Karl Heinz Martin's Von Morgens Bis Mitternacht (From Morn to Midnight, 1920) comes on like a parody of a German Expressionist classic, so archetypal are its distorted, hand-painted sets and distorted, hand-painted actors. Undeniably beautiful, it throws in the whole rhomboid kitchen sink, attacking what appears to be a fairly naturalistic, if melodramatic, story with theatrical artifice and painterly style until it fringes on the animated cartoon. It's an exciting way to render real life stories cinematic.
Unfortunately, the film is without English translation at present, which leads to two thoughts, slender things to suspend this lush series of images from, but hopefully just strong enough to do the job without this article fluttering to the floor like a pack of cards.
Thought 1: it's quite restful and interesting to watch films with no translation, even talkies. Von Morgens Bis Mitternacht is silent, and therefore a lot of the plot comes across clearly without language, but some of it involves banking, and matters of finance always cause my brain to glaze over, and I resort to telling myself things like "Well, it's alright really because I can still tell who the baddies are..."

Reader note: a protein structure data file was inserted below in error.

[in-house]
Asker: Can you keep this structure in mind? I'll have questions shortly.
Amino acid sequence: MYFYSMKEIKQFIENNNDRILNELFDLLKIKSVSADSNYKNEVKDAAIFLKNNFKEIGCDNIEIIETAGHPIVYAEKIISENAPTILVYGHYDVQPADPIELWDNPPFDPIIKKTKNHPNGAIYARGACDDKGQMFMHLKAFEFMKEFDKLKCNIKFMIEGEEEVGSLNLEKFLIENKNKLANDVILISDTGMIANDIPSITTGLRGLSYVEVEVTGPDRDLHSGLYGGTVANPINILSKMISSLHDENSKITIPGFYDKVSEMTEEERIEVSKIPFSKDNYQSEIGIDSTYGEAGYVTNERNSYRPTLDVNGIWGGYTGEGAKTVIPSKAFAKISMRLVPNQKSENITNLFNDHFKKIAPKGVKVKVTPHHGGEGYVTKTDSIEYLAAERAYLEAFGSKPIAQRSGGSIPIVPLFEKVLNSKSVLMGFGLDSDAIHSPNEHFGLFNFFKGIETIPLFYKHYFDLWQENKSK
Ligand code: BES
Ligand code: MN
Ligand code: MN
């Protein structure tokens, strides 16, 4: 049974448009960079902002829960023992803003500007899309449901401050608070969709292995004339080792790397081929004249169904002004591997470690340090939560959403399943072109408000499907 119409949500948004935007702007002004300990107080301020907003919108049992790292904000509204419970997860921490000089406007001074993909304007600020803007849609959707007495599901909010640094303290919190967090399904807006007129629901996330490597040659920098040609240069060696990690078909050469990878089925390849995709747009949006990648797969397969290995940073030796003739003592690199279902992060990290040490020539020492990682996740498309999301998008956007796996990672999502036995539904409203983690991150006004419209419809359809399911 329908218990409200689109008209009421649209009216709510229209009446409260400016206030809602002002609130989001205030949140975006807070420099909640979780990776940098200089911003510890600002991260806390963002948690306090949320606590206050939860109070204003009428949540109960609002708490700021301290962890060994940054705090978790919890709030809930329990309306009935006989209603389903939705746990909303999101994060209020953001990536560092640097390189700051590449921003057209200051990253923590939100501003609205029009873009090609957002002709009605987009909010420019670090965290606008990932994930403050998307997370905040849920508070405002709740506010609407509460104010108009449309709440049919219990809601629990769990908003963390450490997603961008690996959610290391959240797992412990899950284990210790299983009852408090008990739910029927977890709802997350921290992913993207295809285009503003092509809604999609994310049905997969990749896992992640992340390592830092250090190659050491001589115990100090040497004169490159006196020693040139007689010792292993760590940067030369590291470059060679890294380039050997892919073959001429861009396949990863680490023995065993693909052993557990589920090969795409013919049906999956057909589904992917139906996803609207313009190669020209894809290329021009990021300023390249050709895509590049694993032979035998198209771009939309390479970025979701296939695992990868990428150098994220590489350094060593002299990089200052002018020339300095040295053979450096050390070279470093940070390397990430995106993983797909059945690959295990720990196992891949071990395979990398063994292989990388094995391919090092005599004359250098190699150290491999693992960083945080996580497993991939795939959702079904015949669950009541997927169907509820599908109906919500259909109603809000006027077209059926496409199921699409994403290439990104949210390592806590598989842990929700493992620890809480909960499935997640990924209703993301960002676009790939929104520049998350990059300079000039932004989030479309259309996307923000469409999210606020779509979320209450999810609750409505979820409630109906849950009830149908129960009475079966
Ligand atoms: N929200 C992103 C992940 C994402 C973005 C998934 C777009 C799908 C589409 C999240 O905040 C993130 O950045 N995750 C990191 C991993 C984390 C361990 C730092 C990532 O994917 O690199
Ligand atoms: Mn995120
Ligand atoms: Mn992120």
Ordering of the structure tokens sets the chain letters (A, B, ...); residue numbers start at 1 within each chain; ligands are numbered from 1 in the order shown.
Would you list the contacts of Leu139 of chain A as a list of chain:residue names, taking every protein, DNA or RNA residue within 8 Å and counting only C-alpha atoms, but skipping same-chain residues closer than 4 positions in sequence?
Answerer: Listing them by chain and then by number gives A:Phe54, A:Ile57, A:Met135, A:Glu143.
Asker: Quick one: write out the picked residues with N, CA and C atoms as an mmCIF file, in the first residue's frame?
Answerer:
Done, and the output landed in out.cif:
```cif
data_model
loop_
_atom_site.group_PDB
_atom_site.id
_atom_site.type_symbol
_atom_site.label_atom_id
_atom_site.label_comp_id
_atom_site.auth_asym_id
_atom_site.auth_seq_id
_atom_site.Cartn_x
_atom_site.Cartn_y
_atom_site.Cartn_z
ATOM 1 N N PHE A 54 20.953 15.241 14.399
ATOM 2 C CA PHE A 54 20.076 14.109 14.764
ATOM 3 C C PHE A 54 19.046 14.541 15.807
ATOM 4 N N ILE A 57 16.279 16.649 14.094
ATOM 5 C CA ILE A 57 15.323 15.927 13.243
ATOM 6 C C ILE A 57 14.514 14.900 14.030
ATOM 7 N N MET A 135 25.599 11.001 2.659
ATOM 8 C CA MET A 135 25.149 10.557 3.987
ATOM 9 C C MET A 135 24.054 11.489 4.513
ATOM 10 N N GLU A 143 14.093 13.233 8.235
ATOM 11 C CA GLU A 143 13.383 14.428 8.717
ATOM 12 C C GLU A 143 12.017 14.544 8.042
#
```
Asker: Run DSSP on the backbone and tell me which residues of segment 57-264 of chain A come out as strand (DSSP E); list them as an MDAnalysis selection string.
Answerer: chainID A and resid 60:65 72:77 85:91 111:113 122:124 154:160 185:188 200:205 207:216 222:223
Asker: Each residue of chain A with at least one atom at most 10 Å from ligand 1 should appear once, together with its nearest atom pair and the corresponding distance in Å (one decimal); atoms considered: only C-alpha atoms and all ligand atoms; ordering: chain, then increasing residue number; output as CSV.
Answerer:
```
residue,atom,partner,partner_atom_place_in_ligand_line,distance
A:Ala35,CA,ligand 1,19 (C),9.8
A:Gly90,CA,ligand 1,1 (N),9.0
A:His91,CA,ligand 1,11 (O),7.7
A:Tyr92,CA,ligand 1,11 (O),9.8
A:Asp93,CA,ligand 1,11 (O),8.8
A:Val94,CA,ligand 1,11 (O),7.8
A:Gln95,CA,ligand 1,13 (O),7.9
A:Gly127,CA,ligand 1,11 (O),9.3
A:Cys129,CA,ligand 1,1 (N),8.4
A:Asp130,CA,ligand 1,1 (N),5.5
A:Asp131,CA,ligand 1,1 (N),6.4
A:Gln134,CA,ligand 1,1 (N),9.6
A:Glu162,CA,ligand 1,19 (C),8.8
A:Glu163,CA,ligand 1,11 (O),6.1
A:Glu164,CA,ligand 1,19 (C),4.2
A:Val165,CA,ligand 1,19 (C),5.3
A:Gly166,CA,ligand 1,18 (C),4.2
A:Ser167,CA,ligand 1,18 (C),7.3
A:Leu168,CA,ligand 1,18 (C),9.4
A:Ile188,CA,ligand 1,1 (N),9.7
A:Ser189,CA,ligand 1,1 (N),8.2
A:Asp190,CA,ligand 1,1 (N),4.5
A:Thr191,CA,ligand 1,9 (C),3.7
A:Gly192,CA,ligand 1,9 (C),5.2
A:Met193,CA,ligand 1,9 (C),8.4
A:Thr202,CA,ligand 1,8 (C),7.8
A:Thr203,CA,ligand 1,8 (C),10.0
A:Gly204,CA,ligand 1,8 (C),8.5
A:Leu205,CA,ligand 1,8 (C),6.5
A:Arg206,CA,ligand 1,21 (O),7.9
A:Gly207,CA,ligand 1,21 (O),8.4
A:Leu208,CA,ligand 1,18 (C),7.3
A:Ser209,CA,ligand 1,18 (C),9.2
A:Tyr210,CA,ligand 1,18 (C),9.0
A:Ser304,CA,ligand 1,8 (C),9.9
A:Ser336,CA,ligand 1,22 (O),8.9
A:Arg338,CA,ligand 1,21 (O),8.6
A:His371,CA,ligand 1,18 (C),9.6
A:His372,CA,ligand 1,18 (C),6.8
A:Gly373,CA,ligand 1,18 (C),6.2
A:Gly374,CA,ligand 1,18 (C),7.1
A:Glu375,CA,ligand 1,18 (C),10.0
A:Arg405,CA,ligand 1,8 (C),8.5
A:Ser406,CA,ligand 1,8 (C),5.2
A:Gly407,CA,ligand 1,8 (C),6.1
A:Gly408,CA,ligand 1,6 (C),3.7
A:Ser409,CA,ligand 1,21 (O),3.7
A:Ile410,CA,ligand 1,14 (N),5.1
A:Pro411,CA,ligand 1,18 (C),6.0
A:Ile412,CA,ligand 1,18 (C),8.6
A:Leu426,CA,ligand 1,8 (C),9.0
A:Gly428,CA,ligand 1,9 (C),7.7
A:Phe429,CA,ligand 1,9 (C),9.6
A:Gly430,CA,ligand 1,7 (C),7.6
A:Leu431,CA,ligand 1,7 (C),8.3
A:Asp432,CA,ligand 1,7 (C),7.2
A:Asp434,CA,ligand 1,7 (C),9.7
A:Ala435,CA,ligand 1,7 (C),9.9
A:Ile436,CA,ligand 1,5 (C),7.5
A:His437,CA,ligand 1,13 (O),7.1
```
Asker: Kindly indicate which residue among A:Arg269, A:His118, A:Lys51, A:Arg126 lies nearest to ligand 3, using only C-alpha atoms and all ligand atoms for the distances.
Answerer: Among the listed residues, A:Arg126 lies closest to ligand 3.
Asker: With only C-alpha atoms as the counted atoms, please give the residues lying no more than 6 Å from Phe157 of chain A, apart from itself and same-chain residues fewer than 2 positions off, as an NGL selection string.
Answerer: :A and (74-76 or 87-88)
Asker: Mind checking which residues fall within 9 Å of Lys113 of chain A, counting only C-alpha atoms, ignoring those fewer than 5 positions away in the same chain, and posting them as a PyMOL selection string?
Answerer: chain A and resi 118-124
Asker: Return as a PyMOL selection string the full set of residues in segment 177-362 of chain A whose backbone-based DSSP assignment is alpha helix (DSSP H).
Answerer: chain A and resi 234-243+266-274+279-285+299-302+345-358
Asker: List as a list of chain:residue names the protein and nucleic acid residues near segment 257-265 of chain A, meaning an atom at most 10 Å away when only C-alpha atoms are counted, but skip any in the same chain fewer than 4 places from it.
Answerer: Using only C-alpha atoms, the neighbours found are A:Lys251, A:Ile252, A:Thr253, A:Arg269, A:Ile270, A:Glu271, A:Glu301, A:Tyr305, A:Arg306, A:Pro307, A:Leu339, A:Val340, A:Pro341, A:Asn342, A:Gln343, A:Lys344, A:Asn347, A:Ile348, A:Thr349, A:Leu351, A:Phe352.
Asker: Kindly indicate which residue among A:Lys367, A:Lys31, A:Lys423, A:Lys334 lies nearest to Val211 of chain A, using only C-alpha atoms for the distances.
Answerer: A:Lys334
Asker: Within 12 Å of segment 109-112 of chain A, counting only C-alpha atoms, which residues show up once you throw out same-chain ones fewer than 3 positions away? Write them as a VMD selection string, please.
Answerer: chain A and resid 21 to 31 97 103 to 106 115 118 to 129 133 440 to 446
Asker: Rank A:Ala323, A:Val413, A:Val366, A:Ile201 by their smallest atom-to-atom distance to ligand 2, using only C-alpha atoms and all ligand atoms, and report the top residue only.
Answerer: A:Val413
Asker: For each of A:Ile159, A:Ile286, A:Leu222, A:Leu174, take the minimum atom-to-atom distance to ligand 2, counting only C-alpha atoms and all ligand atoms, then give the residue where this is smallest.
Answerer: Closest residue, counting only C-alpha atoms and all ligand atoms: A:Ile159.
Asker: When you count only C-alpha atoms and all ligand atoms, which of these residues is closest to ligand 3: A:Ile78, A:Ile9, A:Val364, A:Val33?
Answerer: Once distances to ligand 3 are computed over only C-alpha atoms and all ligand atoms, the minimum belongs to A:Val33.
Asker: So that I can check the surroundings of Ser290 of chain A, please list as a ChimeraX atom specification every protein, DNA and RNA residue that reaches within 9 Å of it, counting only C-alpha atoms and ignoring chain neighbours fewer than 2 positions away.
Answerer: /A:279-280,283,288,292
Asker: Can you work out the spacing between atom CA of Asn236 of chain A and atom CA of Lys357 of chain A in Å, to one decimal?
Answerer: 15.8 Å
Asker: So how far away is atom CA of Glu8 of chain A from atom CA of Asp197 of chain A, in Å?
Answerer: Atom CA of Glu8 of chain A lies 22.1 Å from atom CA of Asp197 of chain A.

Keats spoke of "negative capability," the power to enjoy things without understanding them, to relish mystery without requiring a solution, and to appreciate art without being able to fit it into a rational box. Although, there's always a frustration with movies where one is shut out of the linguistic side, since you know you're not getting the full experience. It's like pan-and-scan, only with words.
Nevertheless, the sensation of being transplanted into a foreign film without textual guidelines is in some ways exhilarating, like disembarking sans phrase-book in some picturesque troublespot.
Thought 2: someone should release a giant box set of all the obscure German silents that don't have a home on home video, and all the less obscure ones too. It's ridiculous that Robert Weine's Raskolnikov doesn't exist in a watchable form, not to mention Karl Grune's Die Strasse and Lupu Pick's Sylvester. Hell, Lupu Pick deserves his own box set just for being called Lupu Pick.
Such a box set (the big German one, not the Lupu Pick speciality) would cast a wide net over all modes of expressionism and Kammerspiele in Weimar Germany. It would be as long as a shelf, and have a running time of about a year. And it still wouldn't be enough.
I'm very interested to hear what films readers would nominate for a "Forgotten Expressionists" DVD box set.